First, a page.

Did I mention I had trouble securing the assistance of my usual model?  So, I improvised with my own neck! Who says littles should have all the fun?  (I swear that I could not find a shirt or sweater with a good neckline, can you tell?)

Oh, and in case you were wondering if I have a complete head, I thought I would throw in the gratuitous self portrait–might as well show off my new glasses + haircut ;)

I’ll be back this weekend with a wrap up post for our Collar Project. I hope you’ve enjoyed all the great ideas brought to you by our guest bloggers these past 2 weeks!

Happy Sewing!


12 Dec 2012

The Collar Project: a Beaded Glittery Flannel Number

2 Comments Inspiration, Peridot Blouse and Ankle Pants

Today’s Collar Project guest is a gift to fabric hoarders –er, fabric lovers. Laura’s Charm Stitch shop features all sorts of fabric goodness, including a delightful collection of Japanese makes and models: Nani Iro, Echino, Yuwa and Kokka, to name just a few.

But more than just her love of fabrics, Laura features really unique, one-of-a-kind projects on her sewing and craft blog. One project in particular that I am coveting is her girl’s Celestial Dress, by which she pays homage to one of my favorite designers, Alabama Chanin.  Here she borrows another one of Alabama Chanin’s technique–beading!

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Clever Charlotte patterns have long dominated my to-sew lists. When Erin asked me if I would like to participate in the Collar Project series I knew it was perfect timing to whip up a quick holiday accessory from the Peridot pattern. Because what kind of lady turns down the opportunity to make something for her daughter to wear that is delightfully festive and girly?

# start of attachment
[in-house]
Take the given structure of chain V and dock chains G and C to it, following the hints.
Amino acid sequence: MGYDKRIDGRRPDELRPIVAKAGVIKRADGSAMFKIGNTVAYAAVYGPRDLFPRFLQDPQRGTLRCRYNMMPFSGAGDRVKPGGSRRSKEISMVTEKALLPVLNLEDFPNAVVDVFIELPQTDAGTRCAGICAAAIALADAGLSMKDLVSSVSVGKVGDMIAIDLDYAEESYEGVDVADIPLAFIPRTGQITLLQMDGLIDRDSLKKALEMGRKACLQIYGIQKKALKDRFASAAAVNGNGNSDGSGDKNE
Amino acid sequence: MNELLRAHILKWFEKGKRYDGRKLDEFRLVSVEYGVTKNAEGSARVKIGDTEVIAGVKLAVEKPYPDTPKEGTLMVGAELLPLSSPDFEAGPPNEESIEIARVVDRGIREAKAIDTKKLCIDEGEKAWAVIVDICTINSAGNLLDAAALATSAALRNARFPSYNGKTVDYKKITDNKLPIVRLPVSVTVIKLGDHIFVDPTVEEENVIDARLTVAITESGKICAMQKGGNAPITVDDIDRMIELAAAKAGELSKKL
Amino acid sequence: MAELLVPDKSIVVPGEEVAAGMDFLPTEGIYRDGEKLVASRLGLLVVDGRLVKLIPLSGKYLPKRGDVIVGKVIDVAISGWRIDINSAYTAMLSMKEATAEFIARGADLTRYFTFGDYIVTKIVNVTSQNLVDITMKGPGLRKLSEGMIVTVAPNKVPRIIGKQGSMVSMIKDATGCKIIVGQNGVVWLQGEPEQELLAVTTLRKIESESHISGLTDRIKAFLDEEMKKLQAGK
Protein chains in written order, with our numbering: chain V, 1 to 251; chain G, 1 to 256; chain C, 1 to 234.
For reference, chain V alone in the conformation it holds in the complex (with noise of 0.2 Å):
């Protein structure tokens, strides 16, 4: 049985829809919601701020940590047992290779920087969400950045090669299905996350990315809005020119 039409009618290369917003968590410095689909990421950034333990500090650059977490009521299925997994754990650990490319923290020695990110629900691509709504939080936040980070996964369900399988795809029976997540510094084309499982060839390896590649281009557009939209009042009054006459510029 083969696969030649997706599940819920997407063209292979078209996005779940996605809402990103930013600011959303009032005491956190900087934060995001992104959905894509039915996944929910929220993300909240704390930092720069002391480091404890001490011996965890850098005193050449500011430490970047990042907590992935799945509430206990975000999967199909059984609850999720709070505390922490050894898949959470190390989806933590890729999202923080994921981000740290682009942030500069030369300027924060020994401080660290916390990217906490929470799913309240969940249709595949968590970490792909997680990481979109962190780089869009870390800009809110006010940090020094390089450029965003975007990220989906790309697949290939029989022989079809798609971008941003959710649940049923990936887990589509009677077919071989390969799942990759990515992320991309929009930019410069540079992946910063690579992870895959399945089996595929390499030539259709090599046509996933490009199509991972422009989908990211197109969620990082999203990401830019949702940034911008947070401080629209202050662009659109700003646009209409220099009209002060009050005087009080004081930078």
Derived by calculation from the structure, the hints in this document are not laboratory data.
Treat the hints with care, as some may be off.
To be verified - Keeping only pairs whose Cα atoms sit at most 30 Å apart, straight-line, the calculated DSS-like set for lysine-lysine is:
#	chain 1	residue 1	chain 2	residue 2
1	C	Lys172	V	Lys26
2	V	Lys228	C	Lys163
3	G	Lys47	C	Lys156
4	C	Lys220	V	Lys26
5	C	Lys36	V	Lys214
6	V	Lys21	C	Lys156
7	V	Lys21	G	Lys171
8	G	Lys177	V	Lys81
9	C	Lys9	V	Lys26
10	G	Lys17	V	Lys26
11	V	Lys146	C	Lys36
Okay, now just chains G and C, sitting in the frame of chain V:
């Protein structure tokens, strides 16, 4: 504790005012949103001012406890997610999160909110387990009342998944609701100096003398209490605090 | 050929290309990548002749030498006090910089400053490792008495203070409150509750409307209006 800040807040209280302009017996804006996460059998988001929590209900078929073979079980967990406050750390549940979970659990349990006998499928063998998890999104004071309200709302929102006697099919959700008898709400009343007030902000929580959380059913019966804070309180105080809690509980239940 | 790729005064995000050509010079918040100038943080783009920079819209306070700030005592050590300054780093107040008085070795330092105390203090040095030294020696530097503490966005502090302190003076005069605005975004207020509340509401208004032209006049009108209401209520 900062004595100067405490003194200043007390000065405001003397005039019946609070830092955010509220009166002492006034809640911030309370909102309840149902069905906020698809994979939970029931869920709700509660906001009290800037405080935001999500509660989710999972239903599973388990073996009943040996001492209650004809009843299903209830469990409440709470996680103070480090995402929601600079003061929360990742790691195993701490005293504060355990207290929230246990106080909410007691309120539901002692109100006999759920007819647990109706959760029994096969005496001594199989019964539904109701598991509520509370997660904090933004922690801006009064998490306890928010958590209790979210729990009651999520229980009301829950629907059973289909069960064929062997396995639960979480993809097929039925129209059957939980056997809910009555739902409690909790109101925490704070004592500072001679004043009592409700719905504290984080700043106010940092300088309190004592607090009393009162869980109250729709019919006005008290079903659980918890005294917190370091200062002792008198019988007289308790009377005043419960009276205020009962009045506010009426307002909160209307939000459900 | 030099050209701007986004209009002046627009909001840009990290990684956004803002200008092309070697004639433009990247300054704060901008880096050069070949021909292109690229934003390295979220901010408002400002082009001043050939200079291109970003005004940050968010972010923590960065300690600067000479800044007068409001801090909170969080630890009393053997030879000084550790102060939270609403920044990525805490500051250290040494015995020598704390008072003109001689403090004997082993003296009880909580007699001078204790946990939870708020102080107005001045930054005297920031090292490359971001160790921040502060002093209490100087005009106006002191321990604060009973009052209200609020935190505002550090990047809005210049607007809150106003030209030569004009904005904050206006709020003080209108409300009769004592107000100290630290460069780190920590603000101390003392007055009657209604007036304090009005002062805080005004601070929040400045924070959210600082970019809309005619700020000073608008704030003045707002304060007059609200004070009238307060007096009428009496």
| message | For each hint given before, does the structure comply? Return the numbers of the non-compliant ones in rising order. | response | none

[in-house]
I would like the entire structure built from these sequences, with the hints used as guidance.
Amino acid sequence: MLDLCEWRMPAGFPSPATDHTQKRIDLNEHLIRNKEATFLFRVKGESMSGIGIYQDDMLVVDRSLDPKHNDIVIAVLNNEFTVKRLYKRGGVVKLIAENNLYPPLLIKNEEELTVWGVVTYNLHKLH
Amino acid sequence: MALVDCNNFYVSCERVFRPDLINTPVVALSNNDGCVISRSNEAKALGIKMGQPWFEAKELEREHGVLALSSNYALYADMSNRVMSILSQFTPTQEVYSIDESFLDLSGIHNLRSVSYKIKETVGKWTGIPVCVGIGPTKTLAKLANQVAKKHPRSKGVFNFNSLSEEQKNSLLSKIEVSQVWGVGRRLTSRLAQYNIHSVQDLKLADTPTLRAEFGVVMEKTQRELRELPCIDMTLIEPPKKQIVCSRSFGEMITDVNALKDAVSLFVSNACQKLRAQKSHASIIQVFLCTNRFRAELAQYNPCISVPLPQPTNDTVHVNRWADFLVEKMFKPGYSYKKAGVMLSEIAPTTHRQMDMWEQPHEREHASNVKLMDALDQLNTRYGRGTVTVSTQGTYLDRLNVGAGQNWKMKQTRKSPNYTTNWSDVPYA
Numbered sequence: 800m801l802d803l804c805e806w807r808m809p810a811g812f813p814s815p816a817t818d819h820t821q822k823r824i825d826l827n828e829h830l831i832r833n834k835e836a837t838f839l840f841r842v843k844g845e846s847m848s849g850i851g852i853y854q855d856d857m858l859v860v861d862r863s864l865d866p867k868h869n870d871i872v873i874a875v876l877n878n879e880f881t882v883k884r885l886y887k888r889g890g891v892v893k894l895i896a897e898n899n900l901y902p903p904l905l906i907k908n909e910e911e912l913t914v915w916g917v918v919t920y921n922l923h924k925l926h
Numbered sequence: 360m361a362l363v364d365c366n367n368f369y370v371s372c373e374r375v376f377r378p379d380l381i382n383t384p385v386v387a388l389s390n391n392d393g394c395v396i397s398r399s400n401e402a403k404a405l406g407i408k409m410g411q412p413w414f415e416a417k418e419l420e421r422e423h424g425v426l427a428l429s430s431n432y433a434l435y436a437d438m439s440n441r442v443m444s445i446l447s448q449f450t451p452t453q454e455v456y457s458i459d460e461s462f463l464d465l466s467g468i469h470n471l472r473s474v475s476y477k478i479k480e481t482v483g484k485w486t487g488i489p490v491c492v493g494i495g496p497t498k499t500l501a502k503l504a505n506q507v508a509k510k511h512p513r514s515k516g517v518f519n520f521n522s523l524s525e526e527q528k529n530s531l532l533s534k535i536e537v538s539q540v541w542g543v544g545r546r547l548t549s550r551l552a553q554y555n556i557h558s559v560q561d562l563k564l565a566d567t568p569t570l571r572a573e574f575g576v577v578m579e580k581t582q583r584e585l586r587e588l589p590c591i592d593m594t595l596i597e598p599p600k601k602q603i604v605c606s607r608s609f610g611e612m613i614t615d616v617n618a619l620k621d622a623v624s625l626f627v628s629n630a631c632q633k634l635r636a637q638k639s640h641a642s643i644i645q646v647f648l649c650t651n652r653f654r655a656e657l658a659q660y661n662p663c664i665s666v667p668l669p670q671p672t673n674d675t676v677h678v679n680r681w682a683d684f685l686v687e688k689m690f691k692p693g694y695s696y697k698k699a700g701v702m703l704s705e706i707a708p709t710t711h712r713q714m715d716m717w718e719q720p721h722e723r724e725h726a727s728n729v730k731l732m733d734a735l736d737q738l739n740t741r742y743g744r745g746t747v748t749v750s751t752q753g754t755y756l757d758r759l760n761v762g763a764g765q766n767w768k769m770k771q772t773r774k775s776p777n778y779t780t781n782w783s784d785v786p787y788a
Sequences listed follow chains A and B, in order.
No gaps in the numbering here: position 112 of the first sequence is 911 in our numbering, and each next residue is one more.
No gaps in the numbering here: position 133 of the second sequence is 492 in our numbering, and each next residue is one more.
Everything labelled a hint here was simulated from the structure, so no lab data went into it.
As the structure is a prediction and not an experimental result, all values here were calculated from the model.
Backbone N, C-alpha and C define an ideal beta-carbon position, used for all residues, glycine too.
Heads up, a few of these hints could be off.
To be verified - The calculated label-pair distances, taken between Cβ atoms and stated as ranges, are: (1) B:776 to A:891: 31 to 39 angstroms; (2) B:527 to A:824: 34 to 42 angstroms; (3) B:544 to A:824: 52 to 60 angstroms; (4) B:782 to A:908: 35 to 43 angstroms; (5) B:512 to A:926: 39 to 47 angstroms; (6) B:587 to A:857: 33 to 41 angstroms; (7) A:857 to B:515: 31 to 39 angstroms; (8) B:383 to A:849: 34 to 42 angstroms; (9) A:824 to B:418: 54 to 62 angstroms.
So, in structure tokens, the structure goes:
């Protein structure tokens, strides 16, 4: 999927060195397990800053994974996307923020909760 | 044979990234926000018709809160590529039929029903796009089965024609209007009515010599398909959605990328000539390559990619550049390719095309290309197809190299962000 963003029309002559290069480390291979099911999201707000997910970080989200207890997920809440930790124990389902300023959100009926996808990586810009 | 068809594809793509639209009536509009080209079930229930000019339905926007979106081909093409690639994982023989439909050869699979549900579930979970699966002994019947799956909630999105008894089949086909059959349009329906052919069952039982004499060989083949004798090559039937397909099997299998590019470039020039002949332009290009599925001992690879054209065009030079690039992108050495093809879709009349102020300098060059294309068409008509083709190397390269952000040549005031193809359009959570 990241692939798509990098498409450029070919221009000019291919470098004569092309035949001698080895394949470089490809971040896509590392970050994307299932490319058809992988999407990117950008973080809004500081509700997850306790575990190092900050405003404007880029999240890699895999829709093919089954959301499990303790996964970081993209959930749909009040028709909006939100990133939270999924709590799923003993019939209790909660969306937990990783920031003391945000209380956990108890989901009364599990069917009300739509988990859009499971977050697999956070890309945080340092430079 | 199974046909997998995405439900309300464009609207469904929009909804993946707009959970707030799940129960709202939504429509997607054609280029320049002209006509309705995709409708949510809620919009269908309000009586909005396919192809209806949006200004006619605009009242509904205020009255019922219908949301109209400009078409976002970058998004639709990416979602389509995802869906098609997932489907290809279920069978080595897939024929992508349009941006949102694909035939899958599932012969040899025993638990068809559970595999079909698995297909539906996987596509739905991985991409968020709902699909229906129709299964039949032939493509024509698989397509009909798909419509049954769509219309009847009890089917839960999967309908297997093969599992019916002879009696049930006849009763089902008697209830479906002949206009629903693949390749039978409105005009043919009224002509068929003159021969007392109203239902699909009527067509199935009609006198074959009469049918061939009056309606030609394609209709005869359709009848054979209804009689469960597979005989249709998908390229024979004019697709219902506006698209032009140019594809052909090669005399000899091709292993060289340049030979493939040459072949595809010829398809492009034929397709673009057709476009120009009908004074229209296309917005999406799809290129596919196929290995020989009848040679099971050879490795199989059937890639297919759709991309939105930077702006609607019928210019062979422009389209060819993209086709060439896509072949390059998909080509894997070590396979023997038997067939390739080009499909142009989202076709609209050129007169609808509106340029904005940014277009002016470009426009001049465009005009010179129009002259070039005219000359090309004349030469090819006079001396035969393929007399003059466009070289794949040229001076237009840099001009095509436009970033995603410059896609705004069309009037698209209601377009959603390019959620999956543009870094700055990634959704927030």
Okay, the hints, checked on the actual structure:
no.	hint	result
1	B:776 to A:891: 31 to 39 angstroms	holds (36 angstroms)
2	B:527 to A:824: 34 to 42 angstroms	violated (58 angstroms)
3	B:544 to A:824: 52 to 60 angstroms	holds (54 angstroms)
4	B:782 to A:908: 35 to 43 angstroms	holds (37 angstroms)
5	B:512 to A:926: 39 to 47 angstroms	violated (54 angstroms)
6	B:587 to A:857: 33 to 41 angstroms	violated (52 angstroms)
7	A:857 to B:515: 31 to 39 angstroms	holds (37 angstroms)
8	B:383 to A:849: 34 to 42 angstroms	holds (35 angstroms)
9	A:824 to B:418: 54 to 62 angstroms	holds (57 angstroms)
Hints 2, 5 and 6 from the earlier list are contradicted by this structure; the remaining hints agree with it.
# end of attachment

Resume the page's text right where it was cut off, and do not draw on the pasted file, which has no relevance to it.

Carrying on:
I knew I would use a delicate Nani Iro flannel with glitter dots from last Fall’s collection. On the reverse side I chose a Velveteen print from Anna Maria Horner’s LouLouThi collection. Because the project is very quick and simply constructed, I was able to embellish the glitter polka dots with glass chop and bugle beading from the Alabama Chanin shop. Using beads and button thread, the polka dots became a background for showing off some interesting stitch techniques. While hand-sewing is no easy task for the hasty sewer, it is a nice break from the frantic holiday chores that seem to fill my date book lately.


  • large contrasting scraps of fabric
  • two 12″ ribbons
  • chop and bugle beading
  • Coats and Clark button thread
  • beading needle
  • lightweight fusible interfacing (for any wide weave or flimsy fabric)
  • chalk marker
  • any of the Alabama Chanin books for beading application reference
  • Peridot Blouse and Ankle Pants with detachable collar


Prepare cut front and back fabrics from collar pattern. Attach fusible interfacing to any lightweight fabric that will be embroidered/embellished. With the chalk marker draw the seam allowance (1/2″) around the perimeter to keep beading away from the sewing machine’s path.

Refer to an Alabama Chanin book for tips on embellishing the fabric and polka dots with bead work. Embroider away!

Follow Clever Charlotte’s instructions for attaching the ties and finishing the collar. Easy as 1-2-3! 

For a similar look try a solid fabric and any of the glitter paints from Martha Stewart’s new line of paints applied with a pouncer (see our recent dress for a tutorial). I would love to see it made it in Jersey with raw edges and top stitching. Who’s up for that?

10 Dec 2012

The Collar Project: Holiday Cheer

2 Comments Inspiration, Peridot Blouse and Ankle Pants

Seeing all these variations on the Peridot Collar has me inspired! With the holiday season closing in, I decided this was a perfect opportunity to double up on my sewing efforts for my girls.  I’ll be separately blogging about the dresses and coordinating Kestrel Coat later this month.